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Porsche 956/962 at Le Mans – Logistics Part II

The race winning #3 Rothmans 956 of Vern Schuppan/Al Holbert/Hurley Haywood
Le Mans 24 Hours, 18-19 June 1983: By midnight, the #3 Rothmans 956 of Vern Schuppan/Al Holbert/Hurley Haywood was leading the field by a lap after a seventh place start on the grid. With just an hour to go and with Holbert behind the wheel, the lead looked secure until a door flew off down the Mulsanne Straight necessitating a replacement. The airflow over the body to the left side radiator at the rear was affected and the engine began to overheat, and Holbert had to nurse the ailing 956 around the 13 km track once more. When the #3 Porsche crossed the finish line, Derek Bell was just one minute further back proving that nothing is assured at Le Mans until the chequered flag has fallen

In 1982, Porsche introduced the Type 956, the race car manufacturer’s entrant in the newly created Group C racing series which commenced that season. The new car scored a second place on its debut at Silverstone that year, and followed this up a month later with a clean sweep of the podium at the 24 Hours of Le Mans. The rest, as they say, is history as the 956 and its modified brother, the 962, went on to amass a total of 232 international victories. The factory raced both the 956 and 962 variants from 1982 until 1988. Porsche’s customer teams could only get their hands on the 956 as from 1983, but from that season until 1994, the customer 956s and 962s scored victory after victory. In this feature, Porsche 956/962 at Le Mans – Logistics Part II, we look at what it took to get these race cars to the track, and what logistics were involved at Le Mans.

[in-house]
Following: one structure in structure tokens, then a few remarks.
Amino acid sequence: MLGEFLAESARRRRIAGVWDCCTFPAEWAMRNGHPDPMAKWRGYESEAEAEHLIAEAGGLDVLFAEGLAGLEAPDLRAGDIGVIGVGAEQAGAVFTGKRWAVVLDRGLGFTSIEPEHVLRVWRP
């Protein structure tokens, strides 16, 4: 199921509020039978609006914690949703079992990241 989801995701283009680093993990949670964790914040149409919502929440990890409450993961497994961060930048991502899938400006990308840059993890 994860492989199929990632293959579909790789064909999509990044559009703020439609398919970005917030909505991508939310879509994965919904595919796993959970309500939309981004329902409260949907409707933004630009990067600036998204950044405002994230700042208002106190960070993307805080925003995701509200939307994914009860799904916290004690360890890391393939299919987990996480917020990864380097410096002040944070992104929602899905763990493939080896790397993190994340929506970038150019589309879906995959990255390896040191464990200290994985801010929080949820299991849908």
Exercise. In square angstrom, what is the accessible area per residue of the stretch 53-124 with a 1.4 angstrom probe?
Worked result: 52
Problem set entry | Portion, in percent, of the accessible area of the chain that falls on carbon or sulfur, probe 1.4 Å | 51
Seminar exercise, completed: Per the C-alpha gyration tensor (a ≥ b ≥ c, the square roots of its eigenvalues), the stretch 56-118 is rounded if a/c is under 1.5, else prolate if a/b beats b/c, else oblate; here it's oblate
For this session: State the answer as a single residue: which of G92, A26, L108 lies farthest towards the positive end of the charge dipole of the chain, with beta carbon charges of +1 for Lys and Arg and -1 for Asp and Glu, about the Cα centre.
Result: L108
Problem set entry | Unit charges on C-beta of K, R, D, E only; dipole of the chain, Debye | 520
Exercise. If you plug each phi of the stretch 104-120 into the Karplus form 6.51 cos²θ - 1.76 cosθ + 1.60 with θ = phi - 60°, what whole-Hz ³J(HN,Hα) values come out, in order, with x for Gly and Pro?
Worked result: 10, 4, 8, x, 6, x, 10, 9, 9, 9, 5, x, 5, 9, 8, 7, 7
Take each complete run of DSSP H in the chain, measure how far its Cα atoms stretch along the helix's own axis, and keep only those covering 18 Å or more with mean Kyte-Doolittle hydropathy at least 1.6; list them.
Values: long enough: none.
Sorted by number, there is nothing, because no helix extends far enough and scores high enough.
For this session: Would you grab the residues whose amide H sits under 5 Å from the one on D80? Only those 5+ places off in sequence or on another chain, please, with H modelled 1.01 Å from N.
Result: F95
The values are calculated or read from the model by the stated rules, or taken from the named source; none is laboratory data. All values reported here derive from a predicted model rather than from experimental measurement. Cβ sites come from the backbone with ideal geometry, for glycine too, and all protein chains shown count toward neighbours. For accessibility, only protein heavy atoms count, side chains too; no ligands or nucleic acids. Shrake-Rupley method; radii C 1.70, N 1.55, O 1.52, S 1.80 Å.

The #16 John Fitzpatrick Racing Skoal Bandit Porsche 956 of Edwards/Keegan/Fitzpatrick
Le Mans 24 Hours, 18-19 June 1983: Spitting fire, the #16 John Fitzpatrick Racing Skoal Bandit Porsche 956 of Edwards/Keegan/Fitzpatrick finished fifth overall

Norbert Singer, retired Porsche race engineer, recalled with some humour, “People used to say to me that in those days, the cars were much simpler, and therefore we didn’t need computers. We certainly didn’t have any computers to develop the car and we also had no simulations, but we had a slide rule! Of course, there were some calculators that could add or divide some numbers, and they could perform the four basic functions, but to do more complicated calculations, you had to use a slide rule.”

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